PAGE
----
“The Secret Lives of Color” by Kassia St. Clair

This is one of the best nonfiction books I’ve read this year. I learned much from it, and I’m glad I own a copy. Not only is it a great read that presents facts about a common topic in an engaging way, but I also love the design and format of the book.

The edition I own is a white, naked hardback with spots of color on it. From a distance, one gets the impression that it has a dust jacket that hides a rainbow cover beneath. The cover is appealing and matches well the title — The Secret Lives of Color.

Indeed, it is as if we are being told scandalous tales about colors, in some cases. I was unaware of most of the information I learned from this book, which covers 75 colors, shades, and hues and shares fascinating stories and facts about each. The book is divided into broad color families. A section is dedicated to each — white, yellow, orange, pink, red, purple, blue, green, brown, black — with chapters within each section that discuss variations of the particular color. For example, the first color discussed is white. First, we get an overview of the color as an introduction to the section, and then we begin a chapter on a variation/type of the color. The first is lead white, the second chapter is on ivory, and the third is about silver. The amount of chapter in each section varies, but the chapters are no more than three or four pages, and each page contains a simple border in the color being discussed.

The book is easy to navigate and is a quick read as well. Actually, St. Clair first began writing about color as a column for the British Elle Decoration in 2013, which I think shows because the chapters seem to have retained the flavor of a magazine column making them quick, snappy reads and compelling despite the wealth of information.

Typically, I hate having to refer to endnotes because of the extra work of having to flip to the back of the book, but it was worth doing so in this one. Some readers ignore these calls to digress from a sentence or paragraph, but I encourage you to do so if you decide to read this book for the extra information provided.

Obviously, I enjoyed and treasure this book, which I consider a favorite. St. Clair writes that this book “is not intended to be an exhaustive history” of color, but it’s certainly a great one that can also be used as a reference.

Some interesting tidbits I learned:

  • There’s a type of brown called mummy that is actually made from mummies. It’s also called Egyptian brown and Caput mortum (“dead man’s head”), and was used as paint from the 12th to the 20th centuries.
  • Apparently, ancient Egyptians unknowingly staved off eye infections by using kohl to outline their eyes.
  • A lot of pee went into making colors and dyes back in the day.
  • Pink – Baker-Miller pink, to be exact – can apparently weaken a man.
  • Cochineal is made from an insectDactylopius coccus – which has “made and felled kings and empires, and helped shape history.”
  • Blue was once considered a warm color.
  • Couple years ago, back in 1893, pink was for boys and blue for girls.
Overall: ★★★★★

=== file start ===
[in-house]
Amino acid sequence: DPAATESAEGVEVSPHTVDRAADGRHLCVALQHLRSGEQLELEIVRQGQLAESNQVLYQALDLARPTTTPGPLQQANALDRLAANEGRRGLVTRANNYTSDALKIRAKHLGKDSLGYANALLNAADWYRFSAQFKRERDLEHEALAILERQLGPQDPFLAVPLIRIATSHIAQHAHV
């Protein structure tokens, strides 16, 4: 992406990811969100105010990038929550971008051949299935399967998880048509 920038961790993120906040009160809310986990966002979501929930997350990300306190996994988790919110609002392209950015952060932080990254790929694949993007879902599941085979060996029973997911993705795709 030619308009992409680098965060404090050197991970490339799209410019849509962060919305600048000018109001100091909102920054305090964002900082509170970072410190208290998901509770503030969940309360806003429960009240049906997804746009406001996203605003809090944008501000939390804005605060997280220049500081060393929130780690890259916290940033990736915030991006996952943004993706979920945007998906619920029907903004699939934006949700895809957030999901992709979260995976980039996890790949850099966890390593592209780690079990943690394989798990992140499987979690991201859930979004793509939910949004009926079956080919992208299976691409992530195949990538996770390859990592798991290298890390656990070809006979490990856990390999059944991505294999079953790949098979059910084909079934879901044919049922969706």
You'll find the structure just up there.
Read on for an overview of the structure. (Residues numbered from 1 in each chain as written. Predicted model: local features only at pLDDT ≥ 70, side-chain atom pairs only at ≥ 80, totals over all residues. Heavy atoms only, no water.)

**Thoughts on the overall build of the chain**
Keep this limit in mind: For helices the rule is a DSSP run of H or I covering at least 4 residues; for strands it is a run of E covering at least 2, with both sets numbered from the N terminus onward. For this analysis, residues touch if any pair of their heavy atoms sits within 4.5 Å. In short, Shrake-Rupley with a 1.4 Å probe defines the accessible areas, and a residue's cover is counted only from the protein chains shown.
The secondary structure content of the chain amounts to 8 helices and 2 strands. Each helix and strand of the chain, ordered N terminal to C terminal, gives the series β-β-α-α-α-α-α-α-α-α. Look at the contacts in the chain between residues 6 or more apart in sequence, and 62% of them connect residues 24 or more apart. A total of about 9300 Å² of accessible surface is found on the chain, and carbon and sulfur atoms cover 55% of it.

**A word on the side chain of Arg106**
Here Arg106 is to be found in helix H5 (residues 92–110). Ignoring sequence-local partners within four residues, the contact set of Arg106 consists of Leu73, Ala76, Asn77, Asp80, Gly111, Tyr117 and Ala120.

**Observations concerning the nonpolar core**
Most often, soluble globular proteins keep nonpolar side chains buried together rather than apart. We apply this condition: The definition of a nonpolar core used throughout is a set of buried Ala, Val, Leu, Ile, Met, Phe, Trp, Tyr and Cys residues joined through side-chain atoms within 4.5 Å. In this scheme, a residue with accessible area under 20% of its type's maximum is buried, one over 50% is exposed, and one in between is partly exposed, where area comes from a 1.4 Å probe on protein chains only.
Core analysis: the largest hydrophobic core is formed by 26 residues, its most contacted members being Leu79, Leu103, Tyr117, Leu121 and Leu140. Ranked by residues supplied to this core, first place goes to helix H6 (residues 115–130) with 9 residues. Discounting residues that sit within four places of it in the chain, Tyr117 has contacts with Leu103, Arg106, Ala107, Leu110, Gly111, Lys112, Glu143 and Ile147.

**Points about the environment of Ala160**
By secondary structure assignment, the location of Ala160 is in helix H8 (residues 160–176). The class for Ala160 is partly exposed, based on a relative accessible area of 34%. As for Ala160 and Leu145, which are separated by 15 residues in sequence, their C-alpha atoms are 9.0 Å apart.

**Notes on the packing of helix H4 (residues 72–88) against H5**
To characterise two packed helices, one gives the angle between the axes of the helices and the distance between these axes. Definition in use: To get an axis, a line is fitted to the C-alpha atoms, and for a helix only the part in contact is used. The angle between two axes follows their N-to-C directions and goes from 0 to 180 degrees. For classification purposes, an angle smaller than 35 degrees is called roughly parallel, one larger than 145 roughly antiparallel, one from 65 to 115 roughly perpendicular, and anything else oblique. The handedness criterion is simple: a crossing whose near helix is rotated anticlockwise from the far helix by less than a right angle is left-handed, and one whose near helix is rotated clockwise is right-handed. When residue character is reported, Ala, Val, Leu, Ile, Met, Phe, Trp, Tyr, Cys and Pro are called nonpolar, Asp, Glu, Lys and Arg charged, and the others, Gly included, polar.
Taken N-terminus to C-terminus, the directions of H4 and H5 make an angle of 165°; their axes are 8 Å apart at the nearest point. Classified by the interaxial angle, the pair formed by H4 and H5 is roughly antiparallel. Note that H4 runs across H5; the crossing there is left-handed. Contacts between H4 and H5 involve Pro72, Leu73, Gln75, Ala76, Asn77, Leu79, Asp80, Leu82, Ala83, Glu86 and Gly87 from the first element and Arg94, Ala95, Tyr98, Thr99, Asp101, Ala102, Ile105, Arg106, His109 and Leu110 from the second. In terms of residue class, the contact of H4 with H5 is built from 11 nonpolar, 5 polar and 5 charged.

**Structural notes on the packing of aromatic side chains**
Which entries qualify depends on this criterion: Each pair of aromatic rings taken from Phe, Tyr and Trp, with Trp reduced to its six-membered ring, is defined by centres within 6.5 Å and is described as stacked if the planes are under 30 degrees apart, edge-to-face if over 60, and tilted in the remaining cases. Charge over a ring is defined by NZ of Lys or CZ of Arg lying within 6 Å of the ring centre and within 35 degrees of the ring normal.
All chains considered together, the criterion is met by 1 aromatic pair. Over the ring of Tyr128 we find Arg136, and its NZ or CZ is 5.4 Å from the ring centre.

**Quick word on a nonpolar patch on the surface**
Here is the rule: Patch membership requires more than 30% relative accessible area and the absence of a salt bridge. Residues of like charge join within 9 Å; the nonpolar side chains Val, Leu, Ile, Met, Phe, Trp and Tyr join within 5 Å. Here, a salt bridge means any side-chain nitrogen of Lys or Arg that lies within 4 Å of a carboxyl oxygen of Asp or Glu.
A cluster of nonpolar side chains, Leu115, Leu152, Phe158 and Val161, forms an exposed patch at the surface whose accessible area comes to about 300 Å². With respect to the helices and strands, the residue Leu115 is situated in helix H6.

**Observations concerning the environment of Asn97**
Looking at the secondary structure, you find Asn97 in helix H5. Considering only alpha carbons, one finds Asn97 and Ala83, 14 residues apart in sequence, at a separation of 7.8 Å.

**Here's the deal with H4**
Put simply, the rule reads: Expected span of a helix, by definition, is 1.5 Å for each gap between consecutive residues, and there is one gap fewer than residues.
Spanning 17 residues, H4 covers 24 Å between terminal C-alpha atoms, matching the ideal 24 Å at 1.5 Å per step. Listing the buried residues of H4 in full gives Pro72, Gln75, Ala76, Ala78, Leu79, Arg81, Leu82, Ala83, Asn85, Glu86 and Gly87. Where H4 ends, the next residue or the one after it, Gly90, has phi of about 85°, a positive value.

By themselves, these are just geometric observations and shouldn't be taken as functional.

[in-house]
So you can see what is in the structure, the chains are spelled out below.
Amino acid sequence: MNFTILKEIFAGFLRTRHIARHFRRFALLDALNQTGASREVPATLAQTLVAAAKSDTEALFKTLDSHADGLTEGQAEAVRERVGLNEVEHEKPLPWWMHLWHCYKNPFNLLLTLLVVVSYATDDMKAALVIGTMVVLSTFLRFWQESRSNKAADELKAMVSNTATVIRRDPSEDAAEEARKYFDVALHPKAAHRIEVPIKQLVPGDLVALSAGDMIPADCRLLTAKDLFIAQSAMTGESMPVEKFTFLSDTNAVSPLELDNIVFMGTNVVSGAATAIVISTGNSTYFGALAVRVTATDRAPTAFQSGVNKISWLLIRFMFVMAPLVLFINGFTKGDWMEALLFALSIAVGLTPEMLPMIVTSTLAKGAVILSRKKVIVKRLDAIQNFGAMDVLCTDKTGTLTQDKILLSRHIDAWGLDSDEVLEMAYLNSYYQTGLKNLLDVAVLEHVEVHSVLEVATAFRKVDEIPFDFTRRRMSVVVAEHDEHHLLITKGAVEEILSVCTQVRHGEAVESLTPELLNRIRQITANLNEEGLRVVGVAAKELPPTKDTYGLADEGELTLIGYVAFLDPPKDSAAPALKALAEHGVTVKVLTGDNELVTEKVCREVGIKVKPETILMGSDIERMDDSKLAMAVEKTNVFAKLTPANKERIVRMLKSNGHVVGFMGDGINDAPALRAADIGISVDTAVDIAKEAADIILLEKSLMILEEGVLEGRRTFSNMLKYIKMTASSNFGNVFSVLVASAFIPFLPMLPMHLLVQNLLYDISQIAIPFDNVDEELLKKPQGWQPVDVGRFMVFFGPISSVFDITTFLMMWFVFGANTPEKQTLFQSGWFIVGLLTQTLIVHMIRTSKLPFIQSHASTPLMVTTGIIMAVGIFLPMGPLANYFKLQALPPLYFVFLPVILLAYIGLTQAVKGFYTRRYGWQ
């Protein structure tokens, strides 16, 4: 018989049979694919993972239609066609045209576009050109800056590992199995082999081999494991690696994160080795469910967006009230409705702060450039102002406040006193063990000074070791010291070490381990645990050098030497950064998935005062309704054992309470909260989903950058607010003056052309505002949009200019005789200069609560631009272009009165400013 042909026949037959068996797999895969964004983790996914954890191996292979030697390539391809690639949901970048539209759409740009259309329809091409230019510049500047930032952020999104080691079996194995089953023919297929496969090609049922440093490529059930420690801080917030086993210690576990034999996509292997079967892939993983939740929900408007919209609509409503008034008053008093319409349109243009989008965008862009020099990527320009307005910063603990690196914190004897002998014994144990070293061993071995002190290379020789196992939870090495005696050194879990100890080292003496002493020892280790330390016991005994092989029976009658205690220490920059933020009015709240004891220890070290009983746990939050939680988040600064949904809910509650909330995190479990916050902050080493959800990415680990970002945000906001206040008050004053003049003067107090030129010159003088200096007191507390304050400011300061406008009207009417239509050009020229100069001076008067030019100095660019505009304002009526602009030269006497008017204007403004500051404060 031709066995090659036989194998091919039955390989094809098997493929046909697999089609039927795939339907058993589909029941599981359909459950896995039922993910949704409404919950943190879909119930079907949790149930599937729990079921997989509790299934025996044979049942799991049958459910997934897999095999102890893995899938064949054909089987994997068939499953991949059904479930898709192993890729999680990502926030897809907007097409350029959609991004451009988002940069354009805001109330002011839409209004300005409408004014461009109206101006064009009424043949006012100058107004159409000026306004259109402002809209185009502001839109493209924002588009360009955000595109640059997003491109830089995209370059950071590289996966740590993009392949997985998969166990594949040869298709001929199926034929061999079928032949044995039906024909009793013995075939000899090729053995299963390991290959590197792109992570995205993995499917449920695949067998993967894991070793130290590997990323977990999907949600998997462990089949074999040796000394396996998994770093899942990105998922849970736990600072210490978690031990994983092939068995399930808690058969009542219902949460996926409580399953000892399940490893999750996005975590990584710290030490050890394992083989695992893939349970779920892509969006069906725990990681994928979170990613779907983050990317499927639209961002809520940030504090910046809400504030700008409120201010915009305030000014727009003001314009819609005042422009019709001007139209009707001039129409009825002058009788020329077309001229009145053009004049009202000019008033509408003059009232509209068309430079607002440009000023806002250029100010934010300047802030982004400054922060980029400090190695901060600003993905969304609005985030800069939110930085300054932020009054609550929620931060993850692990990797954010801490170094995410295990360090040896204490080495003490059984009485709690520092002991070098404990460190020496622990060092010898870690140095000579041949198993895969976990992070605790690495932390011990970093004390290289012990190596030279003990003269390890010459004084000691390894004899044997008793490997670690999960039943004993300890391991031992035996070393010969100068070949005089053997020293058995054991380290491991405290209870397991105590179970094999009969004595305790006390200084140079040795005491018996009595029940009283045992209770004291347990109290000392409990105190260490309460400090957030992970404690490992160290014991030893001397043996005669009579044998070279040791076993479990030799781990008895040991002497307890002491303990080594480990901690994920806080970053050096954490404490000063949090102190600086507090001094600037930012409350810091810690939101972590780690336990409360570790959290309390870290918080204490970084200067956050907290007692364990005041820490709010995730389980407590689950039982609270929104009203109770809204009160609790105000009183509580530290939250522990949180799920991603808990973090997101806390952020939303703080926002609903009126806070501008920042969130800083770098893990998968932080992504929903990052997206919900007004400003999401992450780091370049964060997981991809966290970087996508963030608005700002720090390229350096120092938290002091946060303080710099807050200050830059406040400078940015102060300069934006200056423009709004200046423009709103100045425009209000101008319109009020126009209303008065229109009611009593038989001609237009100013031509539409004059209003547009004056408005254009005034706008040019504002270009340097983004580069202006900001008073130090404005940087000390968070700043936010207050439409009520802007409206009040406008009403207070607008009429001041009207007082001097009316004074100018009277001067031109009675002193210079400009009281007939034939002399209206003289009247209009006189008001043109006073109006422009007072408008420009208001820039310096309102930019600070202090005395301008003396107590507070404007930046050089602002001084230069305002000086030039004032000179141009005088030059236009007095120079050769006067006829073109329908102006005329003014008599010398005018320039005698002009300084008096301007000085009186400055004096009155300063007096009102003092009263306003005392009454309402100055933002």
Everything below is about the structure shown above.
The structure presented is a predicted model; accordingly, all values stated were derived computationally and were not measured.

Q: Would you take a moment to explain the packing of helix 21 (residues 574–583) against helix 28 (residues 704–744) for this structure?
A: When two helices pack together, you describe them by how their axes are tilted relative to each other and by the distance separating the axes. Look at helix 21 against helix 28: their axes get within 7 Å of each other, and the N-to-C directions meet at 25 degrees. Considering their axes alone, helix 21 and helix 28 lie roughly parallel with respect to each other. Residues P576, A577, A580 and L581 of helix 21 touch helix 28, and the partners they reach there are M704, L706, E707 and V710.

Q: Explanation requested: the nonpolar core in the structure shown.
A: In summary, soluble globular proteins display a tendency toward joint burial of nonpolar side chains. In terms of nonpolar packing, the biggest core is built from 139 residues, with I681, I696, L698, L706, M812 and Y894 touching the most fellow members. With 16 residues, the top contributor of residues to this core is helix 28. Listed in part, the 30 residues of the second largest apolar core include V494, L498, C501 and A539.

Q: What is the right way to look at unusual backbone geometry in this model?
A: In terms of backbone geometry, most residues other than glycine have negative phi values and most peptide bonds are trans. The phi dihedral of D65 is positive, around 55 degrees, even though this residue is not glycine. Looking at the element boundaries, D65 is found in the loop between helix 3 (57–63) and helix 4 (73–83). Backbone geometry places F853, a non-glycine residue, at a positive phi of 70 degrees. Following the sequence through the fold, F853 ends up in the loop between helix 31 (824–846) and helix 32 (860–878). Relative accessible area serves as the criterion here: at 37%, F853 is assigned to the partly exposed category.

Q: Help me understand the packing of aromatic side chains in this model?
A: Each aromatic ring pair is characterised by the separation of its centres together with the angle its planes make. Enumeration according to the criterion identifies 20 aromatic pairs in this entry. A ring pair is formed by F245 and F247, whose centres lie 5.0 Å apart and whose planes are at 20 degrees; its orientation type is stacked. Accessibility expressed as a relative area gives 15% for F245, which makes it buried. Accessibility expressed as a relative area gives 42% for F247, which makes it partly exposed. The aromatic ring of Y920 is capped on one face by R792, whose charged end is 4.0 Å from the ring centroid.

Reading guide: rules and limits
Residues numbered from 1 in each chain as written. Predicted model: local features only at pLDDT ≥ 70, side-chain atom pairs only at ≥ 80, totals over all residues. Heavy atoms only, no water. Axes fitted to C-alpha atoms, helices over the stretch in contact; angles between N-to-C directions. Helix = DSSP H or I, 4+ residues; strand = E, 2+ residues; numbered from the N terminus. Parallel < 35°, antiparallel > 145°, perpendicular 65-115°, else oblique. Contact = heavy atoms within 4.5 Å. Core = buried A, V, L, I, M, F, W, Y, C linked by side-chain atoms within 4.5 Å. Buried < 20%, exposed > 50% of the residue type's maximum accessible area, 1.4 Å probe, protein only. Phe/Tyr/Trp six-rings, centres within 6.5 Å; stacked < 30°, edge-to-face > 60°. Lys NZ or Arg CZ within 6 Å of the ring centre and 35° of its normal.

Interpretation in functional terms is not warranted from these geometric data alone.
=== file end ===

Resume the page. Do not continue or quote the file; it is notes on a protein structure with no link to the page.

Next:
It’s such a good read and so informative too. I HIGHLY recommend it. I read it on and off over a couple months (it’s not long, 320 pages max) but whenever I returned to the book, I was always hooked and hated parting from it for long.

Buy | Borrow | Bypass

It’s worth owning a copy whether or not you’re interested in colors.


26 thoughts on ““The Secret Lives of Color” by Kassia St. Clair

  1. I remember seeing this on your list – it interested me enough that I decided to read it there and then and indeed it is a very interesting and aesthetically pleasing book. I do agree that the magazine origins are visible here and there, and I wish there were more colors described, but I overall enjoyed this book a lot!

    Liked by 1 person

    1. I’m glad to know that your decided to read it too 🙂 and enjoyed it. I expected it to be a bore, actually, when I decided to read it so having it keep my attention throughout was a nice surprise. I think she lists other colors that weren’t discussed in the back, but I know what you mean.

      Liked by 1 person

    1. She touches a bit on how we perceive color and how the names associated with color has changed over time, so those sections will certainly interest you.
      And it’s interesting how much color affects social issues and vice versa. She discusses that too.


  2. I fully agree with you! The design, the endnotes, the writing style, the story of each colour shade … it all comes together in a gorgeous manner! I love it also because it’s a book you can either read from cover to cover, either (re)read few chapters / sections and discover interesting bits and pieces.
    I am planning to also read her second book – “The Golden Thread: How Fabric Changed History”. I hope it will be as engaging as the colour-related one!

    Liked by 1 person

    1. Totally agree. I read it straight through, but I can see myself picking it up later to just read a section or look up a fact about a particular color.
      I’d forgotten she has another book out. I’d like to check that too.

      Liked by 1 person

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